By Chandeepa Wettasinghe
With the proper policies, Sri Lanka could become the best destination for wildlife tourism outside of Africa, according to global research agency Euromonitor International.
“Sri Lanka is very well-positioned to be an authentic destination for experiential travel, especially in wildlife tourism. Sri Lanka can be the best wildlife tourism destination outside Africa,” Euromonitor Research Analyst Jocelyn Cheung said during Cinnamon Future of Tourism Summit 2017.
She noted that travellers are becoming keen to explore destinations, which offer unique experiences, farther away from Africa.
“But wildlife conservation and protection will become extremely crucial here. Instead of promoting animal sightings, you will also need to cultivate the experience for discovering and understanding wildlife habitats in travellers,” she said. Increased understanding of a destination on the part of the tourist would contribute towards the destination’s sustainability.
Cheung said that since Sri Lanka is one of the 35 biodiversity hotspots in the world, the country should take sustainability seriously.
Minor Hotels CEO Dilip Rajakarier, speaking just before Cheung, noted how in Yala—the most popular national park in Sri Lanka—too many tourists are admitted beyond the capacity of the park and where animal sightings result in all the vehicles crowding in on the animals, threatening the sustainability of the park. Jeep drivers in Yala use mobile phone to update each other on animal sightings—especially the leopards—to provide tourists with a special memory but such acts have resulted in vehicles speeding inside the national park, with some animals, including leopards, becoming road kill for the speeding jeeps.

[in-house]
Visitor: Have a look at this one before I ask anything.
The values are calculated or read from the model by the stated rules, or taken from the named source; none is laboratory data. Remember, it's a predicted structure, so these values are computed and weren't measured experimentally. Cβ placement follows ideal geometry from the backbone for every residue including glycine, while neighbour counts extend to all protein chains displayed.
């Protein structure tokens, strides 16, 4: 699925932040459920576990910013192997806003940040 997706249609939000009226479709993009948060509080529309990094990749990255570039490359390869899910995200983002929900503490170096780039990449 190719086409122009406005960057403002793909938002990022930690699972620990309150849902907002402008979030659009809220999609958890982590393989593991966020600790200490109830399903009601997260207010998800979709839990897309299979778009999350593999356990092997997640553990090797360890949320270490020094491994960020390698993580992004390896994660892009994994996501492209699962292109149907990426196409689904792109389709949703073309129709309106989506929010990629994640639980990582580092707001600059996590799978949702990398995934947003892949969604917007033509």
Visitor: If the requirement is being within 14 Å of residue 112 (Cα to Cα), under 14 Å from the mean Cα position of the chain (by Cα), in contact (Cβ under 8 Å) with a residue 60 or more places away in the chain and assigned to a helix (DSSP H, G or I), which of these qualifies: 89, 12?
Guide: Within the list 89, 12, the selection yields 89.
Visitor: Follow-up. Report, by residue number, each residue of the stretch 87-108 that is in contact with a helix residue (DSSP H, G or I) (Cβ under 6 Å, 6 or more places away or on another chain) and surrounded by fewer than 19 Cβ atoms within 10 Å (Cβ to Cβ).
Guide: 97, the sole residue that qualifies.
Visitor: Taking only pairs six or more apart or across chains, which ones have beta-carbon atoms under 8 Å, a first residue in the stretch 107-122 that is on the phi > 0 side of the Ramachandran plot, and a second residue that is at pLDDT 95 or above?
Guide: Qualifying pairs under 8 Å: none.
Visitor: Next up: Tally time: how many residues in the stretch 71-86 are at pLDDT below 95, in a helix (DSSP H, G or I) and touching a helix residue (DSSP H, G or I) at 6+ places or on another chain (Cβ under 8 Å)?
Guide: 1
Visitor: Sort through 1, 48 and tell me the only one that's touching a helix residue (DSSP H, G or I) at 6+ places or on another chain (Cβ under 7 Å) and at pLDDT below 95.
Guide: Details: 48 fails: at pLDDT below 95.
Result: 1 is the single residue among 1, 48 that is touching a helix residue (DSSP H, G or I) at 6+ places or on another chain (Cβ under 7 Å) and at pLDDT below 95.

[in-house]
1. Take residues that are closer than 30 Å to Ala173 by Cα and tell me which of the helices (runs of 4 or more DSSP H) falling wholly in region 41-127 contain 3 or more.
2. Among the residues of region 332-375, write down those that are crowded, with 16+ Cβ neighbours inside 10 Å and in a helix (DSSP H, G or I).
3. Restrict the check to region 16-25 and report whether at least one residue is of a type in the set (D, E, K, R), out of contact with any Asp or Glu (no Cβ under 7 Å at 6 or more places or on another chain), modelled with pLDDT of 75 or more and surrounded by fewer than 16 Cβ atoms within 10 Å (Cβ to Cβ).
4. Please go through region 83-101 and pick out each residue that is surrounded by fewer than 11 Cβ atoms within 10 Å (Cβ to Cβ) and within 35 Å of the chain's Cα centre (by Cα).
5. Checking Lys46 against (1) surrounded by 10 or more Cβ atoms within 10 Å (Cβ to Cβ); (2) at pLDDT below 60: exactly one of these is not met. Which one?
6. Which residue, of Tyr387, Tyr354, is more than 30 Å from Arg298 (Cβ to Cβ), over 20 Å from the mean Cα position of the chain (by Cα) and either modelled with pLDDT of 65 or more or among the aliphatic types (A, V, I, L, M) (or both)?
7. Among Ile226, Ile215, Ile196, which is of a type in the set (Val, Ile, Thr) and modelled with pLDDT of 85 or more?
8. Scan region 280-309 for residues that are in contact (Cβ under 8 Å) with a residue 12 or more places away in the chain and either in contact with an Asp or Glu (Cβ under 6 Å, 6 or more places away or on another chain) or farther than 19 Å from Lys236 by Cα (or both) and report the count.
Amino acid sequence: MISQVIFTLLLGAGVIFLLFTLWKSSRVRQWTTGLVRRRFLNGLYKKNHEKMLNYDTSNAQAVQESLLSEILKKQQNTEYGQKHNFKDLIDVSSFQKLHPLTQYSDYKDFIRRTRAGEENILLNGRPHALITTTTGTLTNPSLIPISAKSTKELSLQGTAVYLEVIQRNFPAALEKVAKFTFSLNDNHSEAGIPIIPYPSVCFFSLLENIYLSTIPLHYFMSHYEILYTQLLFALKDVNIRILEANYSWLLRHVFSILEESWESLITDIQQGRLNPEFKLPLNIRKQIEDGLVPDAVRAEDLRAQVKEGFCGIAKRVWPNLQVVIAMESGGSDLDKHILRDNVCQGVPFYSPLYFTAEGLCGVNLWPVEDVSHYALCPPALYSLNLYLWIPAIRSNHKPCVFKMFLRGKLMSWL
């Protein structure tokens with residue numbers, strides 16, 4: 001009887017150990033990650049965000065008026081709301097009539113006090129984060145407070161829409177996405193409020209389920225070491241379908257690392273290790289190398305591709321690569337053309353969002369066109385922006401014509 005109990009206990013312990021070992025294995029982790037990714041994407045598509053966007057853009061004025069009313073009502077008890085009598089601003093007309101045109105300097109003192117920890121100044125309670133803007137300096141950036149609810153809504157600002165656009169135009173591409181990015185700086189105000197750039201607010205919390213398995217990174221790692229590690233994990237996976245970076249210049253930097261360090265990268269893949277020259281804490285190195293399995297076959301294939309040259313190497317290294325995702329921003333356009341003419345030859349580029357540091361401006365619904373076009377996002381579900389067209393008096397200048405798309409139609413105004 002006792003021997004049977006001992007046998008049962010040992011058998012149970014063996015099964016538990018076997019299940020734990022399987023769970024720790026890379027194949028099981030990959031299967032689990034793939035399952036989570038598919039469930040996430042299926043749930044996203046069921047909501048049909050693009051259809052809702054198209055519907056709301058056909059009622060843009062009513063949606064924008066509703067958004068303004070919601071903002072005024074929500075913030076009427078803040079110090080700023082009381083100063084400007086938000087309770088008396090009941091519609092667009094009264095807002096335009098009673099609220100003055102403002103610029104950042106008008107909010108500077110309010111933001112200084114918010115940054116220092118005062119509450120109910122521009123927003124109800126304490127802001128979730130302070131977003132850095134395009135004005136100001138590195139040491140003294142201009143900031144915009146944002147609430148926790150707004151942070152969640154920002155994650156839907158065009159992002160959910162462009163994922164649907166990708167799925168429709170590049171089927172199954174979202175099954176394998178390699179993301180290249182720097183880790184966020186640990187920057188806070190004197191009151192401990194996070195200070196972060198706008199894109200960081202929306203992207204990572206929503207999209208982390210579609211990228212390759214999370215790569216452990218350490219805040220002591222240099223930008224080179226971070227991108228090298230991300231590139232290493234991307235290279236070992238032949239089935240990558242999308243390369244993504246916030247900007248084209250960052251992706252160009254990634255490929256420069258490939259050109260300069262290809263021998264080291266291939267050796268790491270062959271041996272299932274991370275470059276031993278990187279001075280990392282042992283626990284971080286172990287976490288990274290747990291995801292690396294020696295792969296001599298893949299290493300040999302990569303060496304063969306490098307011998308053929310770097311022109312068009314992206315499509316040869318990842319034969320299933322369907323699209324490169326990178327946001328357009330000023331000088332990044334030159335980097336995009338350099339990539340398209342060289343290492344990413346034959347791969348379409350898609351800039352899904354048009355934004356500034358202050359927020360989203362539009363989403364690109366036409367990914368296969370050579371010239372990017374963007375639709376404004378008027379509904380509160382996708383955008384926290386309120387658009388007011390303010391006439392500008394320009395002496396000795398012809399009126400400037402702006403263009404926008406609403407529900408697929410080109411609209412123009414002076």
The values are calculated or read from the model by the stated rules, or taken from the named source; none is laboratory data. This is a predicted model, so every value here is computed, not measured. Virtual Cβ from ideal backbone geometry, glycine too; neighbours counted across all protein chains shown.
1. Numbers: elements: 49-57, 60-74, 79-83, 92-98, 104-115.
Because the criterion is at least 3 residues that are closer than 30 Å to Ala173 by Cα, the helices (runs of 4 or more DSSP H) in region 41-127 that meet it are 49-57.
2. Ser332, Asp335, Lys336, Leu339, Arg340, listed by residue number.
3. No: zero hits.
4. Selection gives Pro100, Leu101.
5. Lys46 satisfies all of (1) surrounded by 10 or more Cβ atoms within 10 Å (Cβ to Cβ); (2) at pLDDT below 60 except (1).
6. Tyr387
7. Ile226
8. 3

The Wildlife Conservation Department managed to ban mobile network operations in mid-2015 to combat this but the ban was lifted shortly thereafter.
Some local stakeholders, such as wildlife enthusiasts and veteran hotelier Srilal Miththapala, are attempting to create the experience surrounding wildlife tourism and to educate the local guides and drivers of the importance of sustainability for their future job security, as was highlighted by him during a seminar at the Ceylon Chamber of Commerce this year.
Many stakeholders, including Aitken Spence Group Chairman Harry Jayawardena, have called for regulations to restrict the number of tourists visiting wildlife parks as a solution.
Sri Lanka made Rs.1.45 billion in revenue from sales of wildlife park entrance tickets to foreigners in 2016, up 42.94 percent year-on-year (YoY), while the number of foreign visitors was 783,203 in 2016, up 40.23 percent YoY.
The price discrimination, with which the government sells tickets to locals at a fraction of the price of a ticket sold to a foreigner, contributes to the congestion inside the parks.
The state received just Rs.70.02 million from local ticket sales in 2016, up 39.77 percent YoY, although the number of local visitors to the parks was 1.41 million, up 47.93 percent YoY.
The discrepancy between the growth of the number of tourists and the ticket sales is due to price discrimination between adults and children.
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